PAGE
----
Abstract

BACKGROUND: Approximately 30,000 patients receive peritoneal dialysis in the United States. In August 1996, several dialysis centers from different states reported sterile peritonitis among CCPD patients using sterile peritoneal dialysis solution (PDS) from a single manufacturer. The manufacturer recalled 53 lots of PDS that had passed established industry guidelines and Food and Drug Administration (FDA) approved quality control tests [including endotoxin levels 1 cfu/ml.… Read more

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Outbreak of Acinetobacter spp. bloodstream infections in a nursery associated with contaminated aerosols and air conditioners

Abstract

BACKGROUND: Acinetobacter spp. are multidrug-resistant bacteria that grow well in water and cause infections with unexplained, increased summer prevalence. In August, 1996, eight infants acquired Acinetobacter spp. bloodstream infection (A-BSI) while in a nursery in the Bahamas; three infants died and an investigation was initiated.… Read more

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Study to determine the ability of clinical laboratories to detect antimicrobial-resistant Enterococcus spp. in Buenos Aires, Argentina

Abstract

Few reports of vancomycin-resistant enterococci have appeared outside the USA. Therefore, we evaluated the ability of five laboratories in Buenos Aires, Argentina, to perform susceptibility testing using the disk diffusion method. Laboratories had difficulty identifying the low- and intermediate-level vancomycin-resistant phenotypes.… Read more

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Secular trends in bloodstream infection caused by antimicrobial-resistant bacteria in New Jersey hospitals, 1991 to 1995

Abstract

INTRODUCTION: Antimicrobial resistance among bacteria is an increasing public health problem. In 1991, New Jersey was the first state to establish statewide, hospital-based surveillance for antimicrobial-resistant bacteria.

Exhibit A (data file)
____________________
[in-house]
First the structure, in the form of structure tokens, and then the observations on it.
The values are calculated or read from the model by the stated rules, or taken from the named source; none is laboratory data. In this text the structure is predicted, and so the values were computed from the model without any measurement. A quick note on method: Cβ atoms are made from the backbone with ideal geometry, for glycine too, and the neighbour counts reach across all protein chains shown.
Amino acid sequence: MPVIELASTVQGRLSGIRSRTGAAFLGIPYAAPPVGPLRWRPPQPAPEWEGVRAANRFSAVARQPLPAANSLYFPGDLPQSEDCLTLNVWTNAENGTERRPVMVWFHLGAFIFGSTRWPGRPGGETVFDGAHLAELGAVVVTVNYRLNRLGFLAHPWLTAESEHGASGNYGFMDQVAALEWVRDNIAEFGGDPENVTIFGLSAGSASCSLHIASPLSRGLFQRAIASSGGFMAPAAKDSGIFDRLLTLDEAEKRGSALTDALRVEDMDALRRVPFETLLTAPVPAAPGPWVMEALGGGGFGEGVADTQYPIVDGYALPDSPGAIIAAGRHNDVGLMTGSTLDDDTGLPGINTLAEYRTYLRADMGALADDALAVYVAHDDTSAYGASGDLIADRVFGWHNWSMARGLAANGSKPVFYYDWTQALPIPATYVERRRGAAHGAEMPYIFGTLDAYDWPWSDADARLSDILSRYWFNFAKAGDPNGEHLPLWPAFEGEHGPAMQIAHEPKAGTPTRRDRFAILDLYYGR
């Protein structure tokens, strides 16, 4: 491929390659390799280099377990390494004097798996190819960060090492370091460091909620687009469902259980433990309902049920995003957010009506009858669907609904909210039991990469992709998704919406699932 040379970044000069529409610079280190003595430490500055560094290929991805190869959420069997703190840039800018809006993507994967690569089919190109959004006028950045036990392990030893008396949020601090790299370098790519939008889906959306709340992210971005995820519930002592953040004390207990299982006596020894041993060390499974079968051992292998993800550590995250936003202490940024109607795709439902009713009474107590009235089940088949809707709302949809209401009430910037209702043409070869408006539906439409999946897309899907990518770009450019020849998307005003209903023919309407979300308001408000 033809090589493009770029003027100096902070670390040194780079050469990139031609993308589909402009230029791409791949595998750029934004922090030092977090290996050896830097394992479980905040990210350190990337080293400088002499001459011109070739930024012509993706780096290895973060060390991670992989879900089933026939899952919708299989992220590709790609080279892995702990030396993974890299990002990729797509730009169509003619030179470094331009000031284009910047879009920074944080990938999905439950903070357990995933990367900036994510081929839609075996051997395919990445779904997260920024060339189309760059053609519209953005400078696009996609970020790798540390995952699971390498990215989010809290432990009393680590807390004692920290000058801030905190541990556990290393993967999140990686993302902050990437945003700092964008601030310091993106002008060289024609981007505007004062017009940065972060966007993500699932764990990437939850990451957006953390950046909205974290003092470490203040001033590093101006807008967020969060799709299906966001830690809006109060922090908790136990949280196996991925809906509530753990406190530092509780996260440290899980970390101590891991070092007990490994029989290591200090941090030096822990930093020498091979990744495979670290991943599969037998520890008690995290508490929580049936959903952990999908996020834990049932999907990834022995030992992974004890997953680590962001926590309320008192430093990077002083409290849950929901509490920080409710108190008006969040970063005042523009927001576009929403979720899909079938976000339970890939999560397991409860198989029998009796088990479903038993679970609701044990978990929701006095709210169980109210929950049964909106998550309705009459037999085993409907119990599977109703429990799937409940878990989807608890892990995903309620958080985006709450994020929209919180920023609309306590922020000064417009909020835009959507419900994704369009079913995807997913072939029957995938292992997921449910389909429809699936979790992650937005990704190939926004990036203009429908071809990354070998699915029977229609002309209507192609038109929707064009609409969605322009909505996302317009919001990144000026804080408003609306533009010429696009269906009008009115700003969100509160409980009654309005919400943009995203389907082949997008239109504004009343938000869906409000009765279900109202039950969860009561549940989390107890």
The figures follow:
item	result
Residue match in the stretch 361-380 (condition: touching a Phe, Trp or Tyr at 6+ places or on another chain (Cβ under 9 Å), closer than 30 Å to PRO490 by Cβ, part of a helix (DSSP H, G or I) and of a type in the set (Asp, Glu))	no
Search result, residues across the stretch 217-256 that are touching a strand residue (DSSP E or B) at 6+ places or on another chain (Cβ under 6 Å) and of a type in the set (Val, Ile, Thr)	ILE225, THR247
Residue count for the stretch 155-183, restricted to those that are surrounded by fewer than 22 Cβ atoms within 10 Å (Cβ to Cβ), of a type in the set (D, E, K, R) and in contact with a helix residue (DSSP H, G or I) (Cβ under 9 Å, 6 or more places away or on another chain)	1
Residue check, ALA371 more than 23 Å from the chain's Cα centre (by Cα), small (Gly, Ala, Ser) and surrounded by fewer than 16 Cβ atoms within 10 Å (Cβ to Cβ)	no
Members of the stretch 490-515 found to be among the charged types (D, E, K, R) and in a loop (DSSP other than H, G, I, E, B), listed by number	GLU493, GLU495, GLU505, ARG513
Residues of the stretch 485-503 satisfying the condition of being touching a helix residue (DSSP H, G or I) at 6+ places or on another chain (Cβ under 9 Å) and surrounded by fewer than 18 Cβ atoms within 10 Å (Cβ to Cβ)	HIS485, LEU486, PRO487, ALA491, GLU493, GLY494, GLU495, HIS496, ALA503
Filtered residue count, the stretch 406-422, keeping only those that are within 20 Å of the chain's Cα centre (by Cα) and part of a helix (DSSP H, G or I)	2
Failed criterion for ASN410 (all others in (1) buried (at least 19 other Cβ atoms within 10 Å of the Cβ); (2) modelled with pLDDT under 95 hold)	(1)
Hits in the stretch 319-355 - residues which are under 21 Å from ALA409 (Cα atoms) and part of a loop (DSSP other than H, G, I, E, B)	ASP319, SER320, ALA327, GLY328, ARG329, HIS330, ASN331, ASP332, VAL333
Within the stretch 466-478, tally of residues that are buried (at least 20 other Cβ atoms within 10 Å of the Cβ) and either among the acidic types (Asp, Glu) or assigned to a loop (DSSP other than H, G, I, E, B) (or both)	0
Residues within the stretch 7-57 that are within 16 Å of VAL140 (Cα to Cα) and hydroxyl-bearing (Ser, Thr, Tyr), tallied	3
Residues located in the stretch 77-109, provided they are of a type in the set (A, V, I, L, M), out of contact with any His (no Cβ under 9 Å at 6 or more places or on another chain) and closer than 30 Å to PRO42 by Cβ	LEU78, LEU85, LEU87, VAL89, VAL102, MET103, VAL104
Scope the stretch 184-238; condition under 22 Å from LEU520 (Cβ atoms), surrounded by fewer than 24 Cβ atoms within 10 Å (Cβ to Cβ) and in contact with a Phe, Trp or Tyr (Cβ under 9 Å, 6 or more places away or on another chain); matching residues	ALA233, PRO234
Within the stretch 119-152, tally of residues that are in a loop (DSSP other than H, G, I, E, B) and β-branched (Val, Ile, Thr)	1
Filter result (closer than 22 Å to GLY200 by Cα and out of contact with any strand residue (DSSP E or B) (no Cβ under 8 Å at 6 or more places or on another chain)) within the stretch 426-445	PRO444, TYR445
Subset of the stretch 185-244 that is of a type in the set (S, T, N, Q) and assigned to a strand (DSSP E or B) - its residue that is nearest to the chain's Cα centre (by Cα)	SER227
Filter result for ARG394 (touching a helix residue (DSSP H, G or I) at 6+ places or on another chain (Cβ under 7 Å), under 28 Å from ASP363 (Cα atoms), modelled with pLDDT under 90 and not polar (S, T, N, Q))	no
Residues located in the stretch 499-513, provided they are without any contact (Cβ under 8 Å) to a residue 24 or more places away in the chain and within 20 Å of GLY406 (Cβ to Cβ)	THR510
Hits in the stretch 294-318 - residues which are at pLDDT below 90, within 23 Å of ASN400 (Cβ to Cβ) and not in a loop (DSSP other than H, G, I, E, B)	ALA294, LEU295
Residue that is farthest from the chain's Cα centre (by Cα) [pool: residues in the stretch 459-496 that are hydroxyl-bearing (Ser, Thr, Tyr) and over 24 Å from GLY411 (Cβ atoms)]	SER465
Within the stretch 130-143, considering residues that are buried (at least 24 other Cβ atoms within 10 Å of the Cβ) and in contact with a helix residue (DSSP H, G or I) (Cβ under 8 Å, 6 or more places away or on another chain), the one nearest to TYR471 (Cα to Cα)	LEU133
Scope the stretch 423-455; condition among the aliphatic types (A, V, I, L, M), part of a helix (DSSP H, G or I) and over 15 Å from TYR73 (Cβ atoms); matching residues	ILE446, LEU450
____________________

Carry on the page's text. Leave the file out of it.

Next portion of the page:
METHODS: Each month, all 96 nonfederal New Jersey hospital laboratories complete a form listing the species identity and drug susceptibility results for selected antimicrobial-resistant bacteria isolated from blood cultures from hospital inpatients.… Read more

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Pyrogenic reactions in patients undergoing cardiac catheterization associated with contaminated glass medicine cups

Abstract

Pyrogenic reactions are potentially life-threatening complications caused by bacterial endotoxin. After two cardiac catheterization patients developed rigors the same day, the procedures were halted and a case control study was conducted. To identify case patients (persons with rigors < or = 3 hr after catheterization during September 25-November 9, 1995), we reviewed medical records of all cardiac catheterization patients who had a blood culture or received intravenous meperidine. Twelve case patients and 40 randomly selected control patients were identified. No specific catheter was associated with case patients, but exposure to intracoronary-nitroglycerin (NTG) was (odds ratio = 12.0; 95% confidence interval 2.2, 75.6). NTG or indocyanine green dye was poured into glass medicine cups previously washed in an enzyme cleaner and then sterilized. The cleaner, used for an entire day, had elevated levels of gram-negative bacteria (> 10(4) colony forming units/mL) and endotoxin (434 endotoxin units [EU]/mL]); the reprocessed cups had no live bacteria but had elevated endotoxin levels (median 2,250 EU).… Read more

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Reducing the spread of antimicrobial-resistant microorganisms. Control of vancomycin-resistant enterococci

Abstract

Strategies to reduce the spread of hospital-acquired microorganisms resistant to multiple antimicrobial agents are discussed. Because hospitals have experienced a rapid increase in the incidence of infection and colonization with vancomycin-resistant enterococci (VRE) in the past 5 years, the Hospital Infection Control Practices Advisory Committee of the Centers for Disease Control and Prevention has issued recommendations for preventing the spread of vancomycin resistance.… Read more

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An outbreak of gram-negative bloodstream infections in chronic hemodialysis patients

Abstract

Six chronic hemodialysis patients acquired bloodstream infections (BSIs) with Klebsiella pneumoniae of the same serotype and similar plasmid profile during an 11-day period. The 6 case-patients were more likely than noncase-patients to have received dialysis during the fourth shift (p < 0.05) and to have their dialyzers reprocessed for reuse after those of the noncase-patients (p = 0.05). Investigation identified a patient during the same shift with an arteriovenous fistula infected with K. pneumoniae. The dialyzer reprocessing technician did not change gloves between contacting patients and their dialyzers in the treatment area and reprocessing the case-patients' dialyzers at the end of the fourth shift. We conclude that the outbreak of BSIs was caused by cross-contamination of the case-patients' dialyzers with bacteria from the gloves of the reprocessing technician and by inadequate dialyzer disinfection. After revised dialyzer reprocessing techniques and glove-changing policies were instituted, no further clusters of BSIs occurred.